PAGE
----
Every year, the number of college freshmen in the draft just becomes more and more overwhelming. In the most recent draft, the 2021 NBA draft, 18 draft picks out of the 60 were freshmen. 17 players from the 247 Composite top-25 rankings of the high school class of 2020 were selected in the draft, 3 of which were from the G-League Ignite squad. This goes to show that these young stars had the potential to go into the draft out of high school but needed to get their one year of college over with, just to be drafted into the league.

There are a lot of pros and cons to abolishing the one-and-done rule. A pro is that there are still a lot of considerable players who would go to college regardless of them being eligible to enter the draft out of high school. Only 18 of 60 picks were freshmen, meaning a lot of the drafted players spent more than a single year in college. This shows players still most likely will use this college level for development more than just another step in their journey to the NBA. A lot of players will still seek college as an opportunity to play on a higher level, a level that many, many NBA team scouts will still view closely to find their next young star. College would still be the most viable option for graduating high school players.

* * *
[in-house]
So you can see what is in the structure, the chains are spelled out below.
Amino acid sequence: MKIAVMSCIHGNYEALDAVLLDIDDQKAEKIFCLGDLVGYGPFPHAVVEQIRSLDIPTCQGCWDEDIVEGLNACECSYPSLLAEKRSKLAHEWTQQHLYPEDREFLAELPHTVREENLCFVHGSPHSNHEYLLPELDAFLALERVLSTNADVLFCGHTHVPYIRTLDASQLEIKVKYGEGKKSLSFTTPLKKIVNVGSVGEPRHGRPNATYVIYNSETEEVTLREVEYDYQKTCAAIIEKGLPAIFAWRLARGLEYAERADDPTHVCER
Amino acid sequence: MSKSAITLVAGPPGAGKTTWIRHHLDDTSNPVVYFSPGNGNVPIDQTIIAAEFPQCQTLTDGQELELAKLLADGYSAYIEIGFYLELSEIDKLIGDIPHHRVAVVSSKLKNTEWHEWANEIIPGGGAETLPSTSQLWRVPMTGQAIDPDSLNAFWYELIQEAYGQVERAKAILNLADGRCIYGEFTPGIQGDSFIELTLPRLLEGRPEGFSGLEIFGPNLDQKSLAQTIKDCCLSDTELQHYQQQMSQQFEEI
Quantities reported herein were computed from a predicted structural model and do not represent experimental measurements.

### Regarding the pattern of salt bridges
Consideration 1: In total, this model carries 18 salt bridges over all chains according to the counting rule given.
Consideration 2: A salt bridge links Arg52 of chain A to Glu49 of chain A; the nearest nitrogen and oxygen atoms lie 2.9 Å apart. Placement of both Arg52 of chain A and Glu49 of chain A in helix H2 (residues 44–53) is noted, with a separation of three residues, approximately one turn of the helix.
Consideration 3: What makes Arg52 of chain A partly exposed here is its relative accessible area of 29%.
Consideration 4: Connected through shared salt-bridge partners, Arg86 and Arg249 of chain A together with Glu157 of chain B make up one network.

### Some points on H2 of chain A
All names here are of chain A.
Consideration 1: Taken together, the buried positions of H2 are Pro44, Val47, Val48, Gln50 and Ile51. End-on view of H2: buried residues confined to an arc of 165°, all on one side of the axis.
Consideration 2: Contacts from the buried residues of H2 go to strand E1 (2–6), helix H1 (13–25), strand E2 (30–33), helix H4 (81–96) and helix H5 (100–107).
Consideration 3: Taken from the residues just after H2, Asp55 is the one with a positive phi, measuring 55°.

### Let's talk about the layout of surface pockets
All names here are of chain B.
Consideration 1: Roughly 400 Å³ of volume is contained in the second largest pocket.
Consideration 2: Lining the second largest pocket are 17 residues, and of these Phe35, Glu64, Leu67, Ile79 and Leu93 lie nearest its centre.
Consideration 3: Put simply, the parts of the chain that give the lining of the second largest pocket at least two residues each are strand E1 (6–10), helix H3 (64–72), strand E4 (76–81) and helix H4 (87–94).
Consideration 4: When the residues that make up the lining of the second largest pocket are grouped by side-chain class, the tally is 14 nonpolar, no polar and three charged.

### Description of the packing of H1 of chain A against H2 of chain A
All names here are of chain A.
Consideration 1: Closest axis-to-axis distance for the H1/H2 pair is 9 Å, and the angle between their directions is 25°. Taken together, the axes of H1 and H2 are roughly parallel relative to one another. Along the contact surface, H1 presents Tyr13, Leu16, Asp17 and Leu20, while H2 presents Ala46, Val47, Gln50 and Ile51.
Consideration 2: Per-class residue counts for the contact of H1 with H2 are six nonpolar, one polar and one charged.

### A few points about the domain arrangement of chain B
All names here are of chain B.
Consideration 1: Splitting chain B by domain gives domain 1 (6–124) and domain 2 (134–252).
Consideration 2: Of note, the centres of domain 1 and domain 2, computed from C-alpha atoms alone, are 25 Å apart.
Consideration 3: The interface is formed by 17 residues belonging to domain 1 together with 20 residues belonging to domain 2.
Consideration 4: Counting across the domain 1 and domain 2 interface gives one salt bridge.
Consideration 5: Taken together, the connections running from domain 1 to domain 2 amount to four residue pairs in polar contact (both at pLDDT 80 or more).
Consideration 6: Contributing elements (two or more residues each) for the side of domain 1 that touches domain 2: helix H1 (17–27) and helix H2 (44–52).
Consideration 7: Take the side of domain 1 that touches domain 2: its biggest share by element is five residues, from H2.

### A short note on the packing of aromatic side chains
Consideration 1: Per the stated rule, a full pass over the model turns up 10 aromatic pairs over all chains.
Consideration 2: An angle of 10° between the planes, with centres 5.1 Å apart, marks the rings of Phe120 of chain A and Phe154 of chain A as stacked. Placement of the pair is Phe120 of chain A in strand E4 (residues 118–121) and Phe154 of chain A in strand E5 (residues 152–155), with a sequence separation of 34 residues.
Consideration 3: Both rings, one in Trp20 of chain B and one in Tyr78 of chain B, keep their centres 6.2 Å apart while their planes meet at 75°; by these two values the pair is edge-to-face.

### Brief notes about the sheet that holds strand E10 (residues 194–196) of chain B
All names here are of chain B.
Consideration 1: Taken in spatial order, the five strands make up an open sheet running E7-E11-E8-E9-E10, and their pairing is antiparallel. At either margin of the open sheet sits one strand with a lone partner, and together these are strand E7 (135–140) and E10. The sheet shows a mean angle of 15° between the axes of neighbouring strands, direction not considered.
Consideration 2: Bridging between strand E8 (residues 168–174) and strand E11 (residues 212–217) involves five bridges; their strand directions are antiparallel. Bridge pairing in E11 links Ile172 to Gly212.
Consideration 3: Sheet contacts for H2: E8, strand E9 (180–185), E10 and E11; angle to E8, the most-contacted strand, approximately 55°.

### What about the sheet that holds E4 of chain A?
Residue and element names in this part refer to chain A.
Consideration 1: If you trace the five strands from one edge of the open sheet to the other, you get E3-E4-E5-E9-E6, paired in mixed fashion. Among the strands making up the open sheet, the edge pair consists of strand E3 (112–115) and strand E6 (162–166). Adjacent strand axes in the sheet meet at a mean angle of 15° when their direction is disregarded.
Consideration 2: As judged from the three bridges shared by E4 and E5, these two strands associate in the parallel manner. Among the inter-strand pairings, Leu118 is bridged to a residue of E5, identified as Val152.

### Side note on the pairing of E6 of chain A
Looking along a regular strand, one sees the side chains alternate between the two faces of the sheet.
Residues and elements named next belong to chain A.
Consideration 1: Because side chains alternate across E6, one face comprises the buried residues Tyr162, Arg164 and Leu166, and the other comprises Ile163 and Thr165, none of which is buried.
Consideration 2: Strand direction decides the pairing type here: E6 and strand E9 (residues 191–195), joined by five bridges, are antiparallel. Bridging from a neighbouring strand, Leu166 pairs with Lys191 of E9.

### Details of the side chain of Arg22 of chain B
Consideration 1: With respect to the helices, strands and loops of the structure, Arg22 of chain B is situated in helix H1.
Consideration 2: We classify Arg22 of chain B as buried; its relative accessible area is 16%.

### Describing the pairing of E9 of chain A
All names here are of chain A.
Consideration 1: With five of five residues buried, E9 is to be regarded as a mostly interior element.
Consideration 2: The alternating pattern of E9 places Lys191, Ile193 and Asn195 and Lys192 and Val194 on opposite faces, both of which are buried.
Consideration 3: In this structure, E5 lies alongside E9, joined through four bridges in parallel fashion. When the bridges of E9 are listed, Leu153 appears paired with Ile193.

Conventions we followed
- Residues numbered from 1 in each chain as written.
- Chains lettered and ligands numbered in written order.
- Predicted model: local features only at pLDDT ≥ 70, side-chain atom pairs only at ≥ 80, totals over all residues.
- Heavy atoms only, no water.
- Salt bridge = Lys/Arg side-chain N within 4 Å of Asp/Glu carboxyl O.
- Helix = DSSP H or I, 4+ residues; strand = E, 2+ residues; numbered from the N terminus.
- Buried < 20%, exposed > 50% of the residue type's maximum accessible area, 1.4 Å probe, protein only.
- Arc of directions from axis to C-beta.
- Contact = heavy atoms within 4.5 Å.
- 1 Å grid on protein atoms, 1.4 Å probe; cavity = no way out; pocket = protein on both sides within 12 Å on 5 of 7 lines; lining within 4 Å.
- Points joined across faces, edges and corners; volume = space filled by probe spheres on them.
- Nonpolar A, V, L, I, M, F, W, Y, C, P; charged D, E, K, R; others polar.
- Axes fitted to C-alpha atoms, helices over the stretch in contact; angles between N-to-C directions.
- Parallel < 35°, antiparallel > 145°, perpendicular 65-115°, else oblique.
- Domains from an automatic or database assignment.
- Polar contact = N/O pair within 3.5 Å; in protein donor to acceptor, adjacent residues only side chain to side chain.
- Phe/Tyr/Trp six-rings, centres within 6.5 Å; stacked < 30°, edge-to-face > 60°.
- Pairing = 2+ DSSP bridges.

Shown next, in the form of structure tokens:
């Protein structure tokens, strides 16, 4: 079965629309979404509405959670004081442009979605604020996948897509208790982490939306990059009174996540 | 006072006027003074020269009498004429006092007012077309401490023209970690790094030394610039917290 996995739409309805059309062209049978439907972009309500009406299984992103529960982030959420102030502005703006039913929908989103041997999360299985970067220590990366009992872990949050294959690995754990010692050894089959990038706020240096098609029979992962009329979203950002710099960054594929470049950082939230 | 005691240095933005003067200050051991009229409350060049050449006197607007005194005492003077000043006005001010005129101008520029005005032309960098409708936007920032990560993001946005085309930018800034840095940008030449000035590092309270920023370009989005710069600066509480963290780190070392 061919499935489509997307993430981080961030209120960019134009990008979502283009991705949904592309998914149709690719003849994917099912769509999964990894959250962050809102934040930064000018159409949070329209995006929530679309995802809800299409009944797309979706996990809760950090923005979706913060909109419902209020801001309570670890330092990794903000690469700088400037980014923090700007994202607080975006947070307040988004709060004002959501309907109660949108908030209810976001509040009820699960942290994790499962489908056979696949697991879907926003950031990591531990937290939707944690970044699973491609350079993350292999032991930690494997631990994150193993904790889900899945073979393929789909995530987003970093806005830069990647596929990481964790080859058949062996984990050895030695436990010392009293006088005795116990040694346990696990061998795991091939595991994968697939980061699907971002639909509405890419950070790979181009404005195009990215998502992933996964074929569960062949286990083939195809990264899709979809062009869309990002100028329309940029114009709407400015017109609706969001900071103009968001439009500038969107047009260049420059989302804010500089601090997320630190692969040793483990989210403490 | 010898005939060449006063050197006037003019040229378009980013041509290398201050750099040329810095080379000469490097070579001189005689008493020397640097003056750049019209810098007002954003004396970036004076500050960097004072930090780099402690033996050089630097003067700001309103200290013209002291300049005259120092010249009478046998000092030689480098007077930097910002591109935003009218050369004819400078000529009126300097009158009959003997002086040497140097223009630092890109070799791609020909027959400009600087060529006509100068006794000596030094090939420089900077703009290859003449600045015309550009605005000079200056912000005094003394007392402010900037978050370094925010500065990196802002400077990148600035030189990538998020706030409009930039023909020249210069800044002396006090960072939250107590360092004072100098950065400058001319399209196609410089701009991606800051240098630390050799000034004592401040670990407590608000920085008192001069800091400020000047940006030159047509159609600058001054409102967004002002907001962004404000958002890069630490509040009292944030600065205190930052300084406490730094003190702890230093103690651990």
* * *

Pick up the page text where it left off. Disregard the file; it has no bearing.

The one-and-done rule gives players the opportunity to be seen on a nationally-televised level with the national treasure that is the NCAA tournament. The NCAA tournament is a yearly competition between 64 of the best Division 1 college basketball teams to see who is truly the strongest college team of that year. This tournament gives these players a chance to shine, especially since the tournament is known for having a lot of surprises–in terms of players and in terms of lower-ranked schools beating the best of the best. The college environment and experience can be  beneficial for players and it could lead them to wanting to continue with their college years instead of going one-and-done.